"The eruption of October 5-6, 1963, occurred along an 8-mile section of the central part of the east rift zone of Kilauea Volcano. About 9 million cubic yards of lava was erupted from more than 30 fissures which show a slight right-offset en echelon pattern; the new lava covered an area of 1.3 square miles. A few hours before the actual outbreak, the summit of Kilauea began to subside, and strong harmonic tremor and earthquakes commenced at both the summit and the site of the later activity near Napau Crater. These phenomena were apparently caused by subsurface flow of magma from the summit reservoir through the rift zone conduits to the eruptive vents 8 miles distant. The lava of the eruption is a tholeiitic basalt with an average of 5.6 percent olivine. In general, lavas that erupted toward the eastern end of the eruptive zone are richer in olivine. These lavas, like others that erupted in historic times on the rift zone, show a slight differentiation when compared with lavas that erupted from the summit. The differentiation, apparently caused by cooling and crystallization within the rift zone, can be measured by the ratio (CaO [Calcium oxide]/FeO [Iron II oxide] + 0.9 Fe2O3 [Iron III oxide]), which is greater than 1 for summit lavas and which decreases systematically for lavas that erupted progressively eastward along the rift zone."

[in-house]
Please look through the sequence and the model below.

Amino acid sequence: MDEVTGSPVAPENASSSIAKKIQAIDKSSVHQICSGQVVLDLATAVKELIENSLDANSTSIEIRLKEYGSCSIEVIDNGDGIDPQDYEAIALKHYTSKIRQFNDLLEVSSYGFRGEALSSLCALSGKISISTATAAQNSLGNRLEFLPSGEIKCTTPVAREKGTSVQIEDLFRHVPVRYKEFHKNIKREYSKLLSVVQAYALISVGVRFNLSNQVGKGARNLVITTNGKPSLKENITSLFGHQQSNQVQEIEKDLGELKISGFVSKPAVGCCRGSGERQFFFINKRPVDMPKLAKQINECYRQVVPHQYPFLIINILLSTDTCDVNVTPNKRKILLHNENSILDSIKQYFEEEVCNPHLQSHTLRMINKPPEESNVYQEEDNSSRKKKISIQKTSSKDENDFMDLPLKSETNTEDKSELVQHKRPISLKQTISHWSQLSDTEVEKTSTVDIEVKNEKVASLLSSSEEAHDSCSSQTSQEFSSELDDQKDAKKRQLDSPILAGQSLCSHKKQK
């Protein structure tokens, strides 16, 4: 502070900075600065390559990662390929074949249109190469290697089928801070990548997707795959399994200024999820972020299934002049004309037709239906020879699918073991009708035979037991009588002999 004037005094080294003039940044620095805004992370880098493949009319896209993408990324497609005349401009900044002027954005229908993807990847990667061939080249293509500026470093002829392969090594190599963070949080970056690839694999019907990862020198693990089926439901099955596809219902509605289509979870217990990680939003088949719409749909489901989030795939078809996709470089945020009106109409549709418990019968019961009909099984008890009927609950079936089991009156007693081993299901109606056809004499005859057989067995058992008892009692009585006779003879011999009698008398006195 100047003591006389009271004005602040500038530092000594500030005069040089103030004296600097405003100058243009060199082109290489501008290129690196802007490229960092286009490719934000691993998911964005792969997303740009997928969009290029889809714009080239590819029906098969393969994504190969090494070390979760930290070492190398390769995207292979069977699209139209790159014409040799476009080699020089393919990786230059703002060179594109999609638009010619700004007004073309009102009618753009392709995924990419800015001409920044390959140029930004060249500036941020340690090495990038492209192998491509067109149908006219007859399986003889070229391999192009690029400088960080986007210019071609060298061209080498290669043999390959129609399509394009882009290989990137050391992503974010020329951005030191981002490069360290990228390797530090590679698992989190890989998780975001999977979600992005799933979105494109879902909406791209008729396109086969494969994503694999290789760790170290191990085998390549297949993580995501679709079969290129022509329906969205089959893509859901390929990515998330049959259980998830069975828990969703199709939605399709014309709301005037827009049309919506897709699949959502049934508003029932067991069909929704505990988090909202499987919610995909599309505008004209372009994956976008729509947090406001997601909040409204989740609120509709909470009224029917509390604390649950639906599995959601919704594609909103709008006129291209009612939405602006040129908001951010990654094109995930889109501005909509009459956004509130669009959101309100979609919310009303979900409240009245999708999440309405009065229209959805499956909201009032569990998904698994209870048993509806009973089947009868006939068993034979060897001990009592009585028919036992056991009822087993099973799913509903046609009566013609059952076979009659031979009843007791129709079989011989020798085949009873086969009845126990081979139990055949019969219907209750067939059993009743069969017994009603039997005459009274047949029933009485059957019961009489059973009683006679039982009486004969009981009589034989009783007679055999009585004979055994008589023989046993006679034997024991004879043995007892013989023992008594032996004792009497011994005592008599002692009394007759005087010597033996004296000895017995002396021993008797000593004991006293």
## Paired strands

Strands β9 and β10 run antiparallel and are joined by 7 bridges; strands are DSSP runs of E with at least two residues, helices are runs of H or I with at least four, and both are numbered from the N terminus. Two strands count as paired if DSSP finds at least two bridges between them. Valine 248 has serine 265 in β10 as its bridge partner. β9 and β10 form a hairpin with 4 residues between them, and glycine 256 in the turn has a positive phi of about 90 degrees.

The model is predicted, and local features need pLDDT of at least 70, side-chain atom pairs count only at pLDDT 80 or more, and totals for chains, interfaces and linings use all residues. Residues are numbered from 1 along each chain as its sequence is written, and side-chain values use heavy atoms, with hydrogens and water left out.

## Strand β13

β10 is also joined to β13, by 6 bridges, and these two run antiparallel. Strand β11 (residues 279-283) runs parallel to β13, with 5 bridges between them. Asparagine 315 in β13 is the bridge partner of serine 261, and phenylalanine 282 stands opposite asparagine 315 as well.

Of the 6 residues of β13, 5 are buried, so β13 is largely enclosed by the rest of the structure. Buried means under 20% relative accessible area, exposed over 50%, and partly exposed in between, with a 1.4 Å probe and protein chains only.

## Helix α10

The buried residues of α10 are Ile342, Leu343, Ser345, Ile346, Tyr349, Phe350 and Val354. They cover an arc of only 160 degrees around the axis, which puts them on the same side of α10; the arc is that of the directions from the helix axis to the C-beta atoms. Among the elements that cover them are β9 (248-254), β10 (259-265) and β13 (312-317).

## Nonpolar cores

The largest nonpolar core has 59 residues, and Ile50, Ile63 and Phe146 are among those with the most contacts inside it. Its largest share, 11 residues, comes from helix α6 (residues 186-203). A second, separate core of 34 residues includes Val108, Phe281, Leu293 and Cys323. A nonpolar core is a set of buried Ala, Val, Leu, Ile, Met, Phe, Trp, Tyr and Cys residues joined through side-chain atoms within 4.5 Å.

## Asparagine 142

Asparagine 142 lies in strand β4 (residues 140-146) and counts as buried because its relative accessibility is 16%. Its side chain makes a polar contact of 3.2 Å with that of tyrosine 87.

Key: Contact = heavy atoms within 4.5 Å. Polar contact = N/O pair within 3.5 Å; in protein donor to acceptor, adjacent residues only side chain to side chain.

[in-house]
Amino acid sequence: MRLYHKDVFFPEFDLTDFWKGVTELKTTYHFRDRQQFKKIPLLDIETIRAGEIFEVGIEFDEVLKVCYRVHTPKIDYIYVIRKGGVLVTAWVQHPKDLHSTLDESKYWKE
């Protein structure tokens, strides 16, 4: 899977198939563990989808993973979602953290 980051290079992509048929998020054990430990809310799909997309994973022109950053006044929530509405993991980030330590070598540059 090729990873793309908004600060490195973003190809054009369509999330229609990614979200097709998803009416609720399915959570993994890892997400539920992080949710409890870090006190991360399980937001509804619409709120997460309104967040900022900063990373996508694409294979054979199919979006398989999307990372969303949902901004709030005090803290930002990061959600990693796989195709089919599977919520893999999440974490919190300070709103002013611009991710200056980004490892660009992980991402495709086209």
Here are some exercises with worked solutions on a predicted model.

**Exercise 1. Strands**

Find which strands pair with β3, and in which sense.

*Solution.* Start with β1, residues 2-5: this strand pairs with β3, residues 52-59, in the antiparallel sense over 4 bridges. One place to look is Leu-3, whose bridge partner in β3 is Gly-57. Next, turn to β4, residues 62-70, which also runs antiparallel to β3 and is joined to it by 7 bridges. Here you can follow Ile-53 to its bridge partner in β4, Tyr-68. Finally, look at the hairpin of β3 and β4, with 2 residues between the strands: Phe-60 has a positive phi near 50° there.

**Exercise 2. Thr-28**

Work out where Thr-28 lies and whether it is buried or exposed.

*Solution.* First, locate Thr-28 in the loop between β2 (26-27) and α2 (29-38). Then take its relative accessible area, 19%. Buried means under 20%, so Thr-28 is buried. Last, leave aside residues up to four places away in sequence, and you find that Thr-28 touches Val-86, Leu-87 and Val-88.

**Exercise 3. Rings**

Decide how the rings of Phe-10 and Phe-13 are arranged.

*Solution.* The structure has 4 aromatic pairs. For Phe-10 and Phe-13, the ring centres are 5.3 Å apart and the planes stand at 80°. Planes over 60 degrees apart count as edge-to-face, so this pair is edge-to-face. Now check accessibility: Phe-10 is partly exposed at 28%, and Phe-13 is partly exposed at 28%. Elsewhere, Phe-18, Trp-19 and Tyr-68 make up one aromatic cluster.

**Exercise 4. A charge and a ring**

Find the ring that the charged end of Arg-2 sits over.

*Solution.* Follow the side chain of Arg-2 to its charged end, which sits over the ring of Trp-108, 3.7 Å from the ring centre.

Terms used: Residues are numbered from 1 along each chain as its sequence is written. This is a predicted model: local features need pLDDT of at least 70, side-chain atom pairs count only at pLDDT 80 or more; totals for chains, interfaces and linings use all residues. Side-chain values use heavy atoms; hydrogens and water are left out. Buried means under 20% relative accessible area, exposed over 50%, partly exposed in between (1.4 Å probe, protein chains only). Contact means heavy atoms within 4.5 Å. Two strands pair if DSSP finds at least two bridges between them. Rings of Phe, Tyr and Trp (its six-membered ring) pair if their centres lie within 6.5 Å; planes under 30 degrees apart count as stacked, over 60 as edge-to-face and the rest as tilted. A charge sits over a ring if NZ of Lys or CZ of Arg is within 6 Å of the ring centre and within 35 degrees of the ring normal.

Geological Survey Professional Paper 614-C
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